Boston's largest academic medical centers taking another step closer under multiyear integration plan

Massachusetts General Hospital and Brigham and Women’s Hospital, the two flagship hospitals of nonprofit integrated system Mass General Brigham (MGB), will be consolidating their clinical and academic teams as singular departments to encourage cooperation and integrated care delivery across the organization.

The two academic medical centers came together 30 years ago to create the Partners HealthCare health system, which in 2019 was rebranded to the eponymous MGB. It now stands as the state’s largest health system with nearly $19 billion of operating revenue and holds affiliations with Harvard Medical School.

Its leading hospitals, however, have largely maintained separate operations within MGB’s broader structure. That’s now set to change amid the system’s broader push for tighter integration between its moving parts.

“If we want to be the best, highest-quality, safest and most respected health system in the country in service of our patients, the great departments across our academic centers must plan and work together as one,” Anne Klibanski, M.D., president and CEO of MGB, said in Wednesday’s announcement.

Through a transition that “will take place over the next several years,” duplicative clinical departments between the two hospitals will be combined and led by a single chair, MGB said. The move is “a critical step toward transforming patient experience, elevating quality and safety, clinical operations and better supporting our exceptional clinicians and researchers,” it said.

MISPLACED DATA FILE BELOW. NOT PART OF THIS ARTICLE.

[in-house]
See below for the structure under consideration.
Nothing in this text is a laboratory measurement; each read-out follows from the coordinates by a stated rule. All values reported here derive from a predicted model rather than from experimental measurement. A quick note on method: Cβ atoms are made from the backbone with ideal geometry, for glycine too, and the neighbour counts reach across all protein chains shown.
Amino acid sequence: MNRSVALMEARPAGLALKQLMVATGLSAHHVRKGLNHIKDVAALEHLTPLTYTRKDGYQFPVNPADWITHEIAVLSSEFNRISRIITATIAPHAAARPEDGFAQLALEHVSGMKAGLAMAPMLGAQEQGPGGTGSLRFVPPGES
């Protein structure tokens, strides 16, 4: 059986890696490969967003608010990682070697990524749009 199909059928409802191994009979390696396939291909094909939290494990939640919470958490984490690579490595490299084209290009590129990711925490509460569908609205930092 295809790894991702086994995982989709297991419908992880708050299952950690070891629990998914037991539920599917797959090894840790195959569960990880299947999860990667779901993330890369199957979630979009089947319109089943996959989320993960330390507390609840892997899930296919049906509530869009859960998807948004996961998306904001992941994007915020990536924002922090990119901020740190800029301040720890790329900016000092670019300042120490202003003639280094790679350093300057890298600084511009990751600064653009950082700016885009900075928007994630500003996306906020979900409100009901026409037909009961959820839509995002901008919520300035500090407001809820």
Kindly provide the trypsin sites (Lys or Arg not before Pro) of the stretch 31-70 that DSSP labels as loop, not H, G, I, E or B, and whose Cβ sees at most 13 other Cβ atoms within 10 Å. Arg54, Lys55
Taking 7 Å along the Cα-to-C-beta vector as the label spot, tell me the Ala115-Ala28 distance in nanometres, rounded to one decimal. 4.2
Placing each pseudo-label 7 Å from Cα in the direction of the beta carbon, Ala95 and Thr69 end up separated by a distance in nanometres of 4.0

Additionally, the system will create “interdepartmental disease-focused institutes” that will facilitate research and teaching around specific conditions and patient needs. These would tap physicians and scientists from across the organization in a process modeled after the development of Mass General Brigham Cancer—MGB’s push to overhaul and streamline cancer care amid its breakup with Dana-Farber Cancer Institute.

Creation of both the clinical departments and institutes will be informed by MGB’s employees, clinicians and academics, who MGB said “will have major voices” during the process.

To head it, the system has named Massachusetts General Hospital’s current president, David Brown, M.D., to take over leadership of both hospitals and oversight of the clinical departments under a new job title: president of academic medical centers at MGB. Brigham and Women’s former president, Robert Higgins, M.D., stepped down in January.

The current president of the Massachusetts General Hospital's physicians organization, Marcela del Carmen, M.D., will become president of Mass General, and current president of Brigham and Women’s physicians organization, Giles Boland, M.D., will be president of Brigham and Women’s.

“Our two amazing academic medical centers are so alike that bringing together the strengths of both will allow us to be a much more impactful enterprise in service of our patients,” Brown said in the announcement. “And we intend to do that with an eye toward making the delivery of care easier for our clinicians and staff.”

The consolidation has “unanimous support” from MGB’s board of trustees, its chair, Scott Sperling, said in the announcement.

MGB, which spans 15 hospitals plus physician networks, a health insurance plan and other community and home care services, reported an operating loss in its most recent fiscal year amid cost pressures. Its strategic focus in recent years has been heavy on integration and care collaboration, which the system said would increase efficiencies and enhance patient care.

The system has also been criticized by regulators who instructed the nonprofit to trim excess spending they said fueled higher healthcare costs across the state. Potential cost savings were not mentioned in MGB’s announcement of the hospitals' consolidation plan.